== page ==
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Renewed Conflict at Lebanon-Israel Border After Anti-Tank Missile Launch

Clashes erupted again Tuesday on the border between Lebanon and Israel, where Israeli forces and armed groups in Lebanon have engaged in a series of low-level skirmishes since the outbreak of the latest war in Gaza.

An anti-tank missile fired from Lebanon landed in the town of Metula in northern Israel Tuesday morning, injuring three people, according to the Ziv Medical Center in Safed.

No group in Lebanon has immediately claimed responsibility. It was not clear if the injured were civilians or soldiers, but Israel has ordered civilians to evacuate the area near the border with Lebanon.

Israel responded by striking several areas along the border in southern Lebanon with artillery fire and white phosphorus, the state-run National News Agency in Lebanon reported. The Israeli military said its tanks fired back into Lebanon after an anti-tank missile was launched across the border.

Earlier Tuesday, the Israeli military said it killed four militants who had attempted to plant explosive devices on a border wall between Israel and Lebanon. A video from an Israeli army reconnaissance drone showed the militants near the separation wall as they were targeted, causing an explosion.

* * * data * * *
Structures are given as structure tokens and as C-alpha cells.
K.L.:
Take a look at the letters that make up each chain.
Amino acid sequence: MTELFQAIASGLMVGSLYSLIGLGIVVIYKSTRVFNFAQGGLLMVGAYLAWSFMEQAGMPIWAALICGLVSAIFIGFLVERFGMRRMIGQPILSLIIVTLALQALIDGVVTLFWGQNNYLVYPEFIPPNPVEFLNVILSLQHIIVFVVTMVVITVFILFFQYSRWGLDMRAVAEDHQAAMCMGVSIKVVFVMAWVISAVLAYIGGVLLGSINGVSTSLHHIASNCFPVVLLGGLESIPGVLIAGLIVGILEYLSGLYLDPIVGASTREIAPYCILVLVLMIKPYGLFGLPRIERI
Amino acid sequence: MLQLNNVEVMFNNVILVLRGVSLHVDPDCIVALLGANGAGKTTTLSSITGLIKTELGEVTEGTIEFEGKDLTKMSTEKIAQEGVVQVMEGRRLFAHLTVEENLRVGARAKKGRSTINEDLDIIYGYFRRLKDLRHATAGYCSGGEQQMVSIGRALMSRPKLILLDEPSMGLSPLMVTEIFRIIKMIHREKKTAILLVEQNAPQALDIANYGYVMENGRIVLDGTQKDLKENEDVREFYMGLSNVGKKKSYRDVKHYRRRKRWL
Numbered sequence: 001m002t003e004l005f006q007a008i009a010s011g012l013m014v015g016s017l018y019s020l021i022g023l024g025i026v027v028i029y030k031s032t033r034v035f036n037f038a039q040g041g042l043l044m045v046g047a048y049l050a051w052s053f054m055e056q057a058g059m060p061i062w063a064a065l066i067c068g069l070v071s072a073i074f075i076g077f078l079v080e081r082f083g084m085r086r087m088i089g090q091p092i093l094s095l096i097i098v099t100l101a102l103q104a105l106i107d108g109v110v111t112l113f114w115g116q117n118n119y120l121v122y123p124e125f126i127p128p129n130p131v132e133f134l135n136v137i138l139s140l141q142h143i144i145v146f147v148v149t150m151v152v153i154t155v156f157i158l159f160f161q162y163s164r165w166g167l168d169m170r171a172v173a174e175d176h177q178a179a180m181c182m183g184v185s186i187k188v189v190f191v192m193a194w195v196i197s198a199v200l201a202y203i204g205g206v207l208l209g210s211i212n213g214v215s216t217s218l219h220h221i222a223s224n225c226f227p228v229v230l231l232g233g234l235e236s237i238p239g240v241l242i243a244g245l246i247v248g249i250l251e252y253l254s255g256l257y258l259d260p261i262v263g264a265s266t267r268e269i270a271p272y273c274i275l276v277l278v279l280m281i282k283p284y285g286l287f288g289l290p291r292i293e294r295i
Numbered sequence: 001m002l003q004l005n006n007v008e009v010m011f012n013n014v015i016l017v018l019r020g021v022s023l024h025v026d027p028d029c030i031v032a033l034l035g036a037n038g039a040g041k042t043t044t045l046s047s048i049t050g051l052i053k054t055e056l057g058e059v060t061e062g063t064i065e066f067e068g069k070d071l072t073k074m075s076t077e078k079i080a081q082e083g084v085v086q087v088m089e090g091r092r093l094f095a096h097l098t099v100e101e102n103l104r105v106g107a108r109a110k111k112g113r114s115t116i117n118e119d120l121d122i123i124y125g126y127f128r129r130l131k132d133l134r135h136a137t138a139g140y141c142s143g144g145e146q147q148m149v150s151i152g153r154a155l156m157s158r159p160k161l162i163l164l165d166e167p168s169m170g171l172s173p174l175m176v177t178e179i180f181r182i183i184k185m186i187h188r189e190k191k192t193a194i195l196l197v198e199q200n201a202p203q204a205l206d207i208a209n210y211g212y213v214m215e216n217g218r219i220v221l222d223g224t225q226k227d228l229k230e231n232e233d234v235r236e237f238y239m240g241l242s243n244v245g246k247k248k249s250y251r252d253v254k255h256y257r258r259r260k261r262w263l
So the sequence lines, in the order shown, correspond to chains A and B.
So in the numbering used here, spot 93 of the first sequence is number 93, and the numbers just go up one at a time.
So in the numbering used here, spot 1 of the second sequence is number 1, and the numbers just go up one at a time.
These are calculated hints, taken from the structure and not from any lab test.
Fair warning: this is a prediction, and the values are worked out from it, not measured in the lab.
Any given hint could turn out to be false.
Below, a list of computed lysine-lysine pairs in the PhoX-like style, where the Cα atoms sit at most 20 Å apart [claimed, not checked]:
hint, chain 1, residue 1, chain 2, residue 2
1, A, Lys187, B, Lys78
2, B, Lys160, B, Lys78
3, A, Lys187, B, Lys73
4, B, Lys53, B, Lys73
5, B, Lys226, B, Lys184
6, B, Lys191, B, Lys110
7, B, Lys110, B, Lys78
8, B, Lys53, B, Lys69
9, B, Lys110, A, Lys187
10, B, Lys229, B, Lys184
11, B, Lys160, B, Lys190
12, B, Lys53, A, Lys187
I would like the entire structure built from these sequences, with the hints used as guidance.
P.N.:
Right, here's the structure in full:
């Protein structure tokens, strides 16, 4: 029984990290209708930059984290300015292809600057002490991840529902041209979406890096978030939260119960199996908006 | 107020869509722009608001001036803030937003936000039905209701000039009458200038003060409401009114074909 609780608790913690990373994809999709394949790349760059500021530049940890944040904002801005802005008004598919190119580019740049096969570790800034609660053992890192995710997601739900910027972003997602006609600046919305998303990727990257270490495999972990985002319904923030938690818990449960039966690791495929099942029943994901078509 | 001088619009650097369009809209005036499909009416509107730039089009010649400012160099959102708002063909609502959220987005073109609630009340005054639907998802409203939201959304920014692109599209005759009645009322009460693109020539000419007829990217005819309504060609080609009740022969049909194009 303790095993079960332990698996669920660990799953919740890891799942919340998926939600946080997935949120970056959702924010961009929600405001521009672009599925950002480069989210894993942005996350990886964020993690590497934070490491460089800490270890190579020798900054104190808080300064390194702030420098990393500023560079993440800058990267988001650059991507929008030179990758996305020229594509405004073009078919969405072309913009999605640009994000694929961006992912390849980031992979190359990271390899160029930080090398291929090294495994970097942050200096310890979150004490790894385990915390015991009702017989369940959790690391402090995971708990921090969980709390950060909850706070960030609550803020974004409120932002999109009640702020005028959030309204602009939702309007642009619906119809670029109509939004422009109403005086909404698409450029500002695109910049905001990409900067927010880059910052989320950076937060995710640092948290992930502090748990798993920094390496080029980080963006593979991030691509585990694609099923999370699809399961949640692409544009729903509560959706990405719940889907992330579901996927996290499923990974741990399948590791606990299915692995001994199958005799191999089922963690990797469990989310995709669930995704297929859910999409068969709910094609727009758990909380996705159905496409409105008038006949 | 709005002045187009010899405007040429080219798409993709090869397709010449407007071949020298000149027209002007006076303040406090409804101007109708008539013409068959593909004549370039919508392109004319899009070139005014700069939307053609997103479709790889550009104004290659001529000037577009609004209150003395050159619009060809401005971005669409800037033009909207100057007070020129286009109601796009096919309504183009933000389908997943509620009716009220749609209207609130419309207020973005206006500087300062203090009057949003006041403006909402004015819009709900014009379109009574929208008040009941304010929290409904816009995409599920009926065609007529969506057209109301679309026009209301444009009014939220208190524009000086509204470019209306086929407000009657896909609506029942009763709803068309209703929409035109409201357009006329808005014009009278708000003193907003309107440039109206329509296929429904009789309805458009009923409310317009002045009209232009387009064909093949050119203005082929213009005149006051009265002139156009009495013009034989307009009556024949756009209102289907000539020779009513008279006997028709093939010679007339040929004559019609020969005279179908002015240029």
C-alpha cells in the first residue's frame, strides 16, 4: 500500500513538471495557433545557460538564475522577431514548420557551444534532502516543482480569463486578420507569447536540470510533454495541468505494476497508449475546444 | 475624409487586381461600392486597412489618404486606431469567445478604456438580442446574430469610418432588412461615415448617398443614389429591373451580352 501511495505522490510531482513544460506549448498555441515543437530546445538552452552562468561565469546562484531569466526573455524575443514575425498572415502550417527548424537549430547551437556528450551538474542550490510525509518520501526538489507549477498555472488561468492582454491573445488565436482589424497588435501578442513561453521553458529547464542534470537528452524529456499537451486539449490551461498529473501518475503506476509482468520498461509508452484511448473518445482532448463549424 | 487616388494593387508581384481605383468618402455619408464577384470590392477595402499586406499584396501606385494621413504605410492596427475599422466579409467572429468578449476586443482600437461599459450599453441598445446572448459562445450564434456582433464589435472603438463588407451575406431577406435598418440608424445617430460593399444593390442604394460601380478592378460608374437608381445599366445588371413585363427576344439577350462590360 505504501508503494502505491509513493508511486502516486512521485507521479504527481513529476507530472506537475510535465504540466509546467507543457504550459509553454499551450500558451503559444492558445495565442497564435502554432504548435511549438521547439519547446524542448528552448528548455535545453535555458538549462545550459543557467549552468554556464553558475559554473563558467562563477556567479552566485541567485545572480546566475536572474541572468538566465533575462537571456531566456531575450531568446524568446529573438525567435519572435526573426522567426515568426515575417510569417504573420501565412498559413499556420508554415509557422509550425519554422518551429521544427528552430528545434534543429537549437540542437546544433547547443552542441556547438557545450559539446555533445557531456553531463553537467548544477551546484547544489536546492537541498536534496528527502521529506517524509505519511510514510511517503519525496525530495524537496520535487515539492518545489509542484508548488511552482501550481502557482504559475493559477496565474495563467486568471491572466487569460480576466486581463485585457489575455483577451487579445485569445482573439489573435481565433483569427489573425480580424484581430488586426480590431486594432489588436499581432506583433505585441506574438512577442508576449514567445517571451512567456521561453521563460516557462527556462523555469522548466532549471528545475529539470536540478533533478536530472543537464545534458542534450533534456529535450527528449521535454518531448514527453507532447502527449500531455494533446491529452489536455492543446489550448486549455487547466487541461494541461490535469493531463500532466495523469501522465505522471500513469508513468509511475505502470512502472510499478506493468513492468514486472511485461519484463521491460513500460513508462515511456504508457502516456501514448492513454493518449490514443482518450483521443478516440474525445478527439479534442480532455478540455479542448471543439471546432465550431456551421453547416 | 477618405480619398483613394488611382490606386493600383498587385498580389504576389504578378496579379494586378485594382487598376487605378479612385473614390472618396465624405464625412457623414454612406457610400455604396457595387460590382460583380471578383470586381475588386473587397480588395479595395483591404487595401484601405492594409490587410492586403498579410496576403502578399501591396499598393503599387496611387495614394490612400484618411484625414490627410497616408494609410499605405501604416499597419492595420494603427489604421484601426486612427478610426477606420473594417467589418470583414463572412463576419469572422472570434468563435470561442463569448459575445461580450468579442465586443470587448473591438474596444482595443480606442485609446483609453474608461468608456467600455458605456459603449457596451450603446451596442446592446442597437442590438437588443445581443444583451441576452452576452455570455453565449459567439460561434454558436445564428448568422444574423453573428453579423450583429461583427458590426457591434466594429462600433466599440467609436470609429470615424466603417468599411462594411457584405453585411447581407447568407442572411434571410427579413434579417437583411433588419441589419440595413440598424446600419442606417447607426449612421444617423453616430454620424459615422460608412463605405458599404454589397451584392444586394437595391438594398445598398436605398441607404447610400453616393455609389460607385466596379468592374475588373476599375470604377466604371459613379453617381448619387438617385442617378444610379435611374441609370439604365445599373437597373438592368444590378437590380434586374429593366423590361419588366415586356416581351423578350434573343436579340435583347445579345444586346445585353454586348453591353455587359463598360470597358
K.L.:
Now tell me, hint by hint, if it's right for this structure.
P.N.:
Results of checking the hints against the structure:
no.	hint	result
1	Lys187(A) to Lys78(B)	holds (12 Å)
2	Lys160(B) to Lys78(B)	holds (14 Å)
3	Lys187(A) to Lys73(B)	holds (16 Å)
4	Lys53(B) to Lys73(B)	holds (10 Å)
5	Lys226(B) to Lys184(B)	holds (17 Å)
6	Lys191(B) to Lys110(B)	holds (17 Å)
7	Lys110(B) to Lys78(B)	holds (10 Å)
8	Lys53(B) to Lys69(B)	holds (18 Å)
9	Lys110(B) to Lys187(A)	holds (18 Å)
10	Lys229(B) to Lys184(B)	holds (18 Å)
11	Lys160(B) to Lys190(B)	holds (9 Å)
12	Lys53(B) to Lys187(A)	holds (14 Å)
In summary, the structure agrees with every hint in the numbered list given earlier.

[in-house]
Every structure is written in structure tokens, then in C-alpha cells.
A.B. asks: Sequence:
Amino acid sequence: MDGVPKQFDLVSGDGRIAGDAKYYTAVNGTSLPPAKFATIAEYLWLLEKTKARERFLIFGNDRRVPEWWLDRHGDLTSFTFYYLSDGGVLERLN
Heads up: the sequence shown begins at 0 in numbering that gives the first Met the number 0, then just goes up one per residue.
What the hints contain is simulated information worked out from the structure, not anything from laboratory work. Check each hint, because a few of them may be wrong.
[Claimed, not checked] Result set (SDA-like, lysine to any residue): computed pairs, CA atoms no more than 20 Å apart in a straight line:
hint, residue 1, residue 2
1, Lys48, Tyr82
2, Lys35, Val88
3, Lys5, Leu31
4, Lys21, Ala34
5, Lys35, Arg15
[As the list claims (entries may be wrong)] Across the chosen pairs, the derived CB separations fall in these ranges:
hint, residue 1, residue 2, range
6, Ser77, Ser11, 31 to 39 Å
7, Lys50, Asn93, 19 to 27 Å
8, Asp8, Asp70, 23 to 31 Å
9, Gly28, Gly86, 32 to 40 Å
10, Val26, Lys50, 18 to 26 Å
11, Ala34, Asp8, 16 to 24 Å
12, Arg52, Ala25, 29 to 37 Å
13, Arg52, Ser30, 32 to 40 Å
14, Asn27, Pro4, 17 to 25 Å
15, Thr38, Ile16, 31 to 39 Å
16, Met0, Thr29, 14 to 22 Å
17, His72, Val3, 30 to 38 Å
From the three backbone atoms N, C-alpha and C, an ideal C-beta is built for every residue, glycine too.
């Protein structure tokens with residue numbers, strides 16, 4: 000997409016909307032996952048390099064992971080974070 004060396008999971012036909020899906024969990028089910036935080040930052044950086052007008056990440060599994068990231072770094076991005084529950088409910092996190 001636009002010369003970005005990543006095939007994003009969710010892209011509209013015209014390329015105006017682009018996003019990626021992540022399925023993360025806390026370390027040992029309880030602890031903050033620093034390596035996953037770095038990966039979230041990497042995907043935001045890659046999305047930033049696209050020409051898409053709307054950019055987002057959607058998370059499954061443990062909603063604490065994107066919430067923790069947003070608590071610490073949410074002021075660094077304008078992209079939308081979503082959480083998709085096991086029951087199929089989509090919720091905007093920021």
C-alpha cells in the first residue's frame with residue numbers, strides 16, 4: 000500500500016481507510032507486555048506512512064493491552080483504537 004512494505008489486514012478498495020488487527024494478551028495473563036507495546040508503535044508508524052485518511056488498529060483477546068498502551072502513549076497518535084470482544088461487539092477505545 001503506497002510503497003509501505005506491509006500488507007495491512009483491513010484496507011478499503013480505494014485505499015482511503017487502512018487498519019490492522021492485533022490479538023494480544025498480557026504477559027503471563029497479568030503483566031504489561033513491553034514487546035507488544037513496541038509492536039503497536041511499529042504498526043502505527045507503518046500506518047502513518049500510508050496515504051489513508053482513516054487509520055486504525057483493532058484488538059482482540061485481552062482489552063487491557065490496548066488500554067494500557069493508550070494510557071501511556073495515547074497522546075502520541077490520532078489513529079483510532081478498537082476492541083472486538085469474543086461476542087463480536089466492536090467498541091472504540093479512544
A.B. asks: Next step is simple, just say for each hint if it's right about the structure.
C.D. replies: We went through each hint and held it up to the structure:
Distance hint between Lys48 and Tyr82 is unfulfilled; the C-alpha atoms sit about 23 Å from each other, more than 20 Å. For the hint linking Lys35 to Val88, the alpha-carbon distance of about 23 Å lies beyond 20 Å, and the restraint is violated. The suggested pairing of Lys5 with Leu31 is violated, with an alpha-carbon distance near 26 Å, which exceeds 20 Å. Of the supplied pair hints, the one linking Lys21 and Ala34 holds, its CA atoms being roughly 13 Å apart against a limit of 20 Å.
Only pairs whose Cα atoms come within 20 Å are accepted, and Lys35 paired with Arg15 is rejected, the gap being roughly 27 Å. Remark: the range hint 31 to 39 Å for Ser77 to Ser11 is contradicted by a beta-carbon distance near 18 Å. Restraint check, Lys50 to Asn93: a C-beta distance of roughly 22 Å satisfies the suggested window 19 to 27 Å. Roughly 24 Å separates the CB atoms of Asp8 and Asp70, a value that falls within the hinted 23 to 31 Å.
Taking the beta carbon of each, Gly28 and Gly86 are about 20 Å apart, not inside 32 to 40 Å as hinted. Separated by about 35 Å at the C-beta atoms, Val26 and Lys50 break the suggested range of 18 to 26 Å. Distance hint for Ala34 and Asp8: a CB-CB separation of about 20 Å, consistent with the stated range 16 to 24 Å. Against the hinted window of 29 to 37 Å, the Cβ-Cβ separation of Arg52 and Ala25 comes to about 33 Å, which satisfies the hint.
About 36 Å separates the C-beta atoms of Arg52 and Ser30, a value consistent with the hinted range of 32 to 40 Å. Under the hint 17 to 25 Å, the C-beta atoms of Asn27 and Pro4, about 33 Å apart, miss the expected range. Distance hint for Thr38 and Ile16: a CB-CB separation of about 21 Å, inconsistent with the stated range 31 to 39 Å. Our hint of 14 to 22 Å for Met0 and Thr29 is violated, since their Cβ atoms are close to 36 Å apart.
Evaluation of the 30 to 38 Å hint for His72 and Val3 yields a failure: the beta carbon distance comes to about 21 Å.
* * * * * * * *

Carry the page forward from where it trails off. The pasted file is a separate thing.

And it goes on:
There was no claim of responsibility. Last week, militants from the Palestinian Islamic Jihad in southern Lebanon crossed the border and clashed with Israeli troops, killing three and wounding several others. The militants were killed, and the Palestinian group held funerals for two of them.

There are fears that Hezbollah and other Iran-backed groups in the region may escalate the fight with Israel to support Hamas in case of a ground incursion into Gaza. So far, artillery exchanges between Hezbollah and Israel have been limited to several towns along the border.

Israel has threatened that if Hezbollah opens a new front, all of Lebanon will suffer the consequences.

The escalating rhetoric between Hezbollah and Israel has led to a scramble of diplomacy aimed at heading off a larger conflict.

Turkey’s foreign minister, Hakkan Fidan, who arrived in Beirut Tuesday, told reporters after meeting with his Lebanese counterpart that the ongoing war between Israel and Hamas “might lead to greater wars.”

“We are doing all we can so that the war does not spread to other countries,” he said.

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